"We avoid the frontal and advance from the side, seizing changing conditions." Yang Family Manuscripts Collected by Li Ying-ang, quoted in T'ai-chi Touchstones: Yang Family Secret Transmissions, compiled and trans. by Douglas Wile, p. 37.
"We must quickly evade by withdrawing our center and attacking from the side." Transmissions of Yang Pan-hou published by We Meng-hsia, quoted in T'ai-chi Touchstones, compiled and trans. by Douglas Wile, p. 67.
This is the meaning of the patterns of Goju-ryu kata. We should study all of the turns and direction changes in order to learn how to "avoid the frontal and advance from the side." This is the structure and lesson of the directions in Goju kata. So often, students (and teachers) looking to apply the techniques of kata look only at the hands. It's as if we're lions caught in a cage at the circus and the only thing we can focus on is the chair held in our face. The initial movement in kata--the "uke" or receiving technique in a series--is usually accompanied b the movement, generally off line, of the feet and body. We move in along a northwest or northeast line (supposing that the kata starts facing north) as in the kicking techniques of Saifa or the first three shiko dachi stances of Seiunchin. We step to the side (the attack coming from the west) at the end of Saifa. We step back along a southwest or southeast diagonal at the beginning of Kururunfa. But so often, people either ignore the stepping or directions of kata or they will argue such nonsense as "the kata shows stepping forward but in actuality one would step back" (as I've heard quite reputable people say about the opening moves of Seiunchin). The kata is a teaching device. If you study this one lesson carefully, you will see all sorts of useful things that may not have been apparent before.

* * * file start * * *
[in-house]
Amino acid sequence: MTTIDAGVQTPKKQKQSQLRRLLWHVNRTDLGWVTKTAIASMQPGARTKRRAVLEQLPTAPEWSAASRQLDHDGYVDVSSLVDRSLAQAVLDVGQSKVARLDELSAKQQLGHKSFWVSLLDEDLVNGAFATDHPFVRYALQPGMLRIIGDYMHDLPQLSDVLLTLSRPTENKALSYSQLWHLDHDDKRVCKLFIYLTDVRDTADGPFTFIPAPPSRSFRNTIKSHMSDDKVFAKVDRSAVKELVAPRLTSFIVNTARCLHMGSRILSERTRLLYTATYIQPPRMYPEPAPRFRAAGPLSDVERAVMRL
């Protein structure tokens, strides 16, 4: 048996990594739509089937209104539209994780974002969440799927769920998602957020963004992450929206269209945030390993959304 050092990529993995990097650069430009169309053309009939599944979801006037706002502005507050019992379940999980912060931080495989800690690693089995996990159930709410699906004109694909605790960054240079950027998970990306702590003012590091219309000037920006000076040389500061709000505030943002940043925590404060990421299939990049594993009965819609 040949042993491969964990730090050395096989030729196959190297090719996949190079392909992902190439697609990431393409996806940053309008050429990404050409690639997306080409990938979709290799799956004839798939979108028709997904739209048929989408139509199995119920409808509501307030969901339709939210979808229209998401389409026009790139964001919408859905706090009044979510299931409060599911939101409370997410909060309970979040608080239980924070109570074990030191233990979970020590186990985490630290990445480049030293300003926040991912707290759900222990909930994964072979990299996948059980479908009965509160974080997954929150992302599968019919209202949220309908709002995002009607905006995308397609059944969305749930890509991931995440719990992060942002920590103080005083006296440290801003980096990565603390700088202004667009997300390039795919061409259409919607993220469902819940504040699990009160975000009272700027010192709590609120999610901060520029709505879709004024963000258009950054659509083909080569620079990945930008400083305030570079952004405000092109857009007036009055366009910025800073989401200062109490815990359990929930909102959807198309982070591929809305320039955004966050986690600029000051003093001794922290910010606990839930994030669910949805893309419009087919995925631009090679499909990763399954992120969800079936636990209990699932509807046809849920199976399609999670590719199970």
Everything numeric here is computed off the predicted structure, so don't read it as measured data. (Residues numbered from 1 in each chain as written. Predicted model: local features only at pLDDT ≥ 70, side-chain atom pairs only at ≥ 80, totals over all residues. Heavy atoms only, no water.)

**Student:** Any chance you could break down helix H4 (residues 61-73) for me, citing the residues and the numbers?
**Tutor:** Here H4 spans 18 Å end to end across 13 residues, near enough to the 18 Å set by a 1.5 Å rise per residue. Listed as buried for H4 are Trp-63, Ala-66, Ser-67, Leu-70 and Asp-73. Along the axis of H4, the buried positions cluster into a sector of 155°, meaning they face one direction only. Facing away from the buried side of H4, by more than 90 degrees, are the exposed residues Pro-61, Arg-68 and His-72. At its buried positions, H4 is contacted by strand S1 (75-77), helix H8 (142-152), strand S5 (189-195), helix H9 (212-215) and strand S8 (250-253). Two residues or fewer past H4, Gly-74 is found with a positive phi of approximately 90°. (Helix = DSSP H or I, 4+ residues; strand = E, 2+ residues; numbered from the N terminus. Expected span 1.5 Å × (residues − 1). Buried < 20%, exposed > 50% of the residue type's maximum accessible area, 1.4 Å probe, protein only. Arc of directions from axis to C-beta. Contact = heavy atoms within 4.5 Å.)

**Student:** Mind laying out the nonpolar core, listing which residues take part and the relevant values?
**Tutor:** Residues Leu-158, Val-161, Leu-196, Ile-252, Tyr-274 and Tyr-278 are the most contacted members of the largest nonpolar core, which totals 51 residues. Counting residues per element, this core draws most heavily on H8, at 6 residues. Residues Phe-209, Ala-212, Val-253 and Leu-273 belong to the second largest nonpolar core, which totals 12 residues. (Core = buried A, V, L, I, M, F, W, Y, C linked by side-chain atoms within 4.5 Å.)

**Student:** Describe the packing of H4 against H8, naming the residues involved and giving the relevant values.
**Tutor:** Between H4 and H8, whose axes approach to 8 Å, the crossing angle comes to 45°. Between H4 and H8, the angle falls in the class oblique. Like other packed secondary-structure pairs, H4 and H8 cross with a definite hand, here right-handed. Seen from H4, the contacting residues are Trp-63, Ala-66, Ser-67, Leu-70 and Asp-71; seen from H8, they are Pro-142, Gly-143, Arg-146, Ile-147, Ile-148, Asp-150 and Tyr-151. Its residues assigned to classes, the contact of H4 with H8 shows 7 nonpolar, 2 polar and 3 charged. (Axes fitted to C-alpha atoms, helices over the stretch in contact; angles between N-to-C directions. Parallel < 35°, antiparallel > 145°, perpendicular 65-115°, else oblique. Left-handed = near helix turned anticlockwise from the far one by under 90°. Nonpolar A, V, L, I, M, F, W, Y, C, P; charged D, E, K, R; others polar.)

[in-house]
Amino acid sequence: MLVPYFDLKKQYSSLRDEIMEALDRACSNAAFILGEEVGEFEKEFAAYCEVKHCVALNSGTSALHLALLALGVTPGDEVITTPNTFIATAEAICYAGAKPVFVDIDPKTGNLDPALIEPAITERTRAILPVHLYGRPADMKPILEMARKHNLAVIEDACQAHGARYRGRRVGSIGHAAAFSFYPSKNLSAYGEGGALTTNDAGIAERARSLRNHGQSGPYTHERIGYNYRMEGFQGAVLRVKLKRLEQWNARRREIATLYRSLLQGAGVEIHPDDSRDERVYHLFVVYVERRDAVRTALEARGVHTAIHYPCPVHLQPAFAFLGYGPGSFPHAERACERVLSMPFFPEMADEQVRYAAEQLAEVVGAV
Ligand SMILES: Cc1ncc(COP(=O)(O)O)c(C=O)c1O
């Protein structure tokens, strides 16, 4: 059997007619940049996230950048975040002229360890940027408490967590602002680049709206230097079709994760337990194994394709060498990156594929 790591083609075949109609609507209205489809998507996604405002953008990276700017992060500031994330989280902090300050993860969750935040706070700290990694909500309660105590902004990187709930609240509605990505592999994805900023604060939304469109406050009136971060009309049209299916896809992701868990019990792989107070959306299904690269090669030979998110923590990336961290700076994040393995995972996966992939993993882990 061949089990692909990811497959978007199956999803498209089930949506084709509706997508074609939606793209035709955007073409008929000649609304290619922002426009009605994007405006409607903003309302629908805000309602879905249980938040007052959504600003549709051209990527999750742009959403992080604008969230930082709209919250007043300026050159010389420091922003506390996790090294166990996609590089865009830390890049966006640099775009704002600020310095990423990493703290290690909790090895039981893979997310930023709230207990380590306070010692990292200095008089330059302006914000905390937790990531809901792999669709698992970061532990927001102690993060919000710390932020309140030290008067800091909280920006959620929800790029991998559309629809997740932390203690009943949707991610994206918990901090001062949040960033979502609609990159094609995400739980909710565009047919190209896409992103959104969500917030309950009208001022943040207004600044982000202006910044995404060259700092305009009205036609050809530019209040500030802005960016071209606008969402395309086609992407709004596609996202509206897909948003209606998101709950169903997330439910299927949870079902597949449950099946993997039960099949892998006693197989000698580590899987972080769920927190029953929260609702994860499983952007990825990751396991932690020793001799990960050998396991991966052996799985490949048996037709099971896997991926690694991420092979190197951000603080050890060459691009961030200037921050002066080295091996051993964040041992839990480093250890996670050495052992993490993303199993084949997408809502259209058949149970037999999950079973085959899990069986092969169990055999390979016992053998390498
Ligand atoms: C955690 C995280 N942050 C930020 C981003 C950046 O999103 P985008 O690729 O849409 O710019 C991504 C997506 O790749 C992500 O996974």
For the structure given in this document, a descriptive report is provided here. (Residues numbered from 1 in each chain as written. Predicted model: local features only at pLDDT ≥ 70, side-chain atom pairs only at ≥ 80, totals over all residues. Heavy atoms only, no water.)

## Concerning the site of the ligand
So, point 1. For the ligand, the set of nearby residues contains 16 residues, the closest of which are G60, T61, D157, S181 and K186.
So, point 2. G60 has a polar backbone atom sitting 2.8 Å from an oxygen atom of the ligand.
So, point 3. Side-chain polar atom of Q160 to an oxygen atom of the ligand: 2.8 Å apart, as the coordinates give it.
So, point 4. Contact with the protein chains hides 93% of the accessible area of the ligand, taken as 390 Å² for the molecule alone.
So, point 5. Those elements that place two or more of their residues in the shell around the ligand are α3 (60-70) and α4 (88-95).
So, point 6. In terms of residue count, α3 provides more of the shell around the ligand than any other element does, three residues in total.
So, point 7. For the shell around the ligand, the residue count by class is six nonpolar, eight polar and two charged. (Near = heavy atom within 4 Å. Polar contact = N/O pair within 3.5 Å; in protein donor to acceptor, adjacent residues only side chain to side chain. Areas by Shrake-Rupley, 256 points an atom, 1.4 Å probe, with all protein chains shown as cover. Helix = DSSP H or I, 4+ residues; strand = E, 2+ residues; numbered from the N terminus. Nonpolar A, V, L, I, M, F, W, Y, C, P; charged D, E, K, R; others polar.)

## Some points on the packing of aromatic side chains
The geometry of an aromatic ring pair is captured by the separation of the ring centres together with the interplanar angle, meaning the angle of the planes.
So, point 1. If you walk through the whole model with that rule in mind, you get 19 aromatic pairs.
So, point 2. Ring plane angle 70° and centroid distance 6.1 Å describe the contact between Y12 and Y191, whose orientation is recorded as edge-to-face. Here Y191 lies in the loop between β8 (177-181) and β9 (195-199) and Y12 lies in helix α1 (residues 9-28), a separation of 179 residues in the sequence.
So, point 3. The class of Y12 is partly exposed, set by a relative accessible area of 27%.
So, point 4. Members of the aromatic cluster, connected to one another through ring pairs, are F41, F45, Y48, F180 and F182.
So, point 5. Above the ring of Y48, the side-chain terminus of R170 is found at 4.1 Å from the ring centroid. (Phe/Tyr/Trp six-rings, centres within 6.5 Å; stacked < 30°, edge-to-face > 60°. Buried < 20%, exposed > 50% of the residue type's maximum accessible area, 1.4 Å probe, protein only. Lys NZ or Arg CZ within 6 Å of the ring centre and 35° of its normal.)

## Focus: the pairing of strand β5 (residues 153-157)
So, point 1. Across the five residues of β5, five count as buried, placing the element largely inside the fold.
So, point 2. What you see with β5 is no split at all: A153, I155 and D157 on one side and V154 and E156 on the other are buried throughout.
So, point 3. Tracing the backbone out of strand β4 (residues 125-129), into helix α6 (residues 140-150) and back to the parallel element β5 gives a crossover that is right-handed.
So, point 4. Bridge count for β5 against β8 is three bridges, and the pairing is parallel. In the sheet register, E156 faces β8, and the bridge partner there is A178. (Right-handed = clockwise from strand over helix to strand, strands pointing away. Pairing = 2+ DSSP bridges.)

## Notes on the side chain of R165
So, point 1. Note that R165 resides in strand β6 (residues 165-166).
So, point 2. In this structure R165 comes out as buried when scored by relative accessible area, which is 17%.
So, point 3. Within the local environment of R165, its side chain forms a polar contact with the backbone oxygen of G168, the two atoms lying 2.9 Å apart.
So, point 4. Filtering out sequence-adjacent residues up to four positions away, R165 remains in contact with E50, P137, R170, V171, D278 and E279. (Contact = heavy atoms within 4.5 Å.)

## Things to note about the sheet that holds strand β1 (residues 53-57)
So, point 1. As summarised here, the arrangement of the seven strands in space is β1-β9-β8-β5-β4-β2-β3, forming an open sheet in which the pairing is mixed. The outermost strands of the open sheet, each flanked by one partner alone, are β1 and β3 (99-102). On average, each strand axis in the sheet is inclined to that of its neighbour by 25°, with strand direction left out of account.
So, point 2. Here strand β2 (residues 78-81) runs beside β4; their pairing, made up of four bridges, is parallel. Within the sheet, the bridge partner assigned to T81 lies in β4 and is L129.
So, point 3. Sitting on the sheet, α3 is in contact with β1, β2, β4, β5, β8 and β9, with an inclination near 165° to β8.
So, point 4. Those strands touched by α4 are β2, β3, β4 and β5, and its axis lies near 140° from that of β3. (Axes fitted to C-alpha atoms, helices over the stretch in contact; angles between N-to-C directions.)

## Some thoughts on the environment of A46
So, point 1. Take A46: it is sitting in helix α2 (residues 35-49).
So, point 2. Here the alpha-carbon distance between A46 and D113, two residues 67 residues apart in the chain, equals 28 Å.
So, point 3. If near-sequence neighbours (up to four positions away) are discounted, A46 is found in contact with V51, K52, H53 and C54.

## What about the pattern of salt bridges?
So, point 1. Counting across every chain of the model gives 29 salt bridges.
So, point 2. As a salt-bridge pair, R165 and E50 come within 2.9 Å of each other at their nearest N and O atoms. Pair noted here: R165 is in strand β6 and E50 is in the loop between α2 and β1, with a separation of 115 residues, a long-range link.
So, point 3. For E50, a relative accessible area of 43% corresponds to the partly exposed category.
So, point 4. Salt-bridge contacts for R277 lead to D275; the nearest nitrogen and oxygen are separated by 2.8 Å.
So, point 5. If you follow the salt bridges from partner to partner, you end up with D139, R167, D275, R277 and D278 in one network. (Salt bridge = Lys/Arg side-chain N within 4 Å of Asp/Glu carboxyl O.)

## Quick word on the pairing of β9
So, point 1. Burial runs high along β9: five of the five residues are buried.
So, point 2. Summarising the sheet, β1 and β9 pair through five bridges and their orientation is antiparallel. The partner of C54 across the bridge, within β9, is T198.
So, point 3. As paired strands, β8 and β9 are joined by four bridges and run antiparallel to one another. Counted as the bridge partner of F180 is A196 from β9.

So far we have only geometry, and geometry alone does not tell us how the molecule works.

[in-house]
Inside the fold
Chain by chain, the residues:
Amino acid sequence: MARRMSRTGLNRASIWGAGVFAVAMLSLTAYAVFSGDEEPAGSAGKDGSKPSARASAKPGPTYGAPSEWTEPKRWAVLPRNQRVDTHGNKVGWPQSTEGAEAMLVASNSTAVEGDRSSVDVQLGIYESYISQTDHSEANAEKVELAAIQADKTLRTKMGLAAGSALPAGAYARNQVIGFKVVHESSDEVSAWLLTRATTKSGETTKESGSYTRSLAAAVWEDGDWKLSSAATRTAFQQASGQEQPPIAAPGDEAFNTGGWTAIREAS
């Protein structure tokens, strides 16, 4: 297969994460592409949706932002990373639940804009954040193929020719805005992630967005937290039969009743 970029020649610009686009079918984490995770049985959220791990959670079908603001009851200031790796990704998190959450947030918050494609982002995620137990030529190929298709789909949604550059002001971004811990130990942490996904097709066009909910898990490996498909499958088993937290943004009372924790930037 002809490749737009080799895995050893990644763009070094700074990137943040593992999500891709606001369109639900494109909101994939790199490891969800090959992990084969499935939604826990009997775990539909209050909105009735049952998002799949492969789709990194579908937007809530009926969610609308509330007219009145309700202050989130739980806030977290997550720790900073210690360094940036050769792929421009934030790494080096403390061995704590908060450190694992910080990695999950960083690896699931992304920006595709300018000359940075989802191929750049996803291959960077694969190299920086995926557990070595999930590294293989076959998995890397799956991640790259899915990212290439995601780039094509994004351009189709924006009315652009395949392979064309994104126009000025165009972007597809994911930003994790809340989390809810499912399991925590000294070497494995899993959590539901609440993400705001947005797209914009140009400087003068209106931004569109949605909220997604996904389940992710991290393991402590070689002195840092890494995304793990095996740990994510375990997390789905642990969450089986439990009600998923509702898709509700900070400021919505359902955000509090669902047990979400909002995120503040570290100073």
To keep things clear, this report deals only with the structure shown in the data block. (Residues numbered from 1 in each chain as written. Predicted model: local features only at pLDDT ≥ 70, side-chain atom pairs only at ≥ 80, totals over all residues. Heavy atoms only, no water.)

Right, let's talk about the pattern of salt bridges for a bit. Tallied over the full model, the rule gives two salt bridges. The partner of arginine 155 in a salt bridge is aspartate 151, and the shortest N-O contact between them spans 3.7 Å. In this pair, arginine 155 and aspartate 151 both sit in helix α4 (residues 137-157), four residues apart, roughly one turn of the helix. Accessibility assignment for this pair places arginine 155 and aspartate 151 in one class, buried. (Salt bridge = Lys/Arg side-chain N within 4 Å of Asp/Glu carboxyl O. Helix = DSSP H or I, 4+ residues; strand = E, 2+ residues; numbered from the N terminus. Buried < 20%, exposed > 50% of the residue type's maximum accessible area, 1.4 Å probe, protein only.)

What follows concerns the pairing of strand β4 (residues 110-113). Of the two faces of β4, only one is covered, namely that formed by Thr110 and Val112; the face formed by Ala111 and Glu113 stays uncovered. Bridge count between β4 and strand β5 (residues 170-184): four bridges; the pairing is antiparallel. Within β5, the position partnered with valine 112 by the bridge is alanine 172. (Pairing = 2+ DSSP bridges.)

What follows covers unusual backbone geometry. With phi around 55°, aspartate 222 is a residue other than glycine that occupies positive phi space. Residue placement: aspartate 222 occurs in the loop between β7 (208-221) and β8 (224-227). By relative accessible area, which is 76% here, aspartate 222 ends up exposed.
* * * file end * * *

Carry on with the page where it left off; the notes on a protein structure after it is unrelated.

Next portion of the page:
Of course you first have to see where the sequence begins, where the initial "uke" or receiving technique occurs. But once you have found these, you have to keep in mind that the kata itself, at least with Goju-ryu, is showing how to "avoid the frontal and advance from the side." The end of Seisan turns back to the front with a right block and left open-hand palm strike. This is a clear example of the kata pattern showing us how to apply this technique by moving to the side, avoiding the attack, removing our center, and attacking the opponent from the side, placing ourselves in a position that is at once safer and from which we are better able to control the attacker. So often those who merely look at the hands and ignore the lessons contained within the kata's pattern simply turn to face a new opponent, one attacking from the kata's original front, in this technique from Seisan. If you imagine that the attacker is really advancing from the east (the right) then a very different understanding of these techniques may emerge.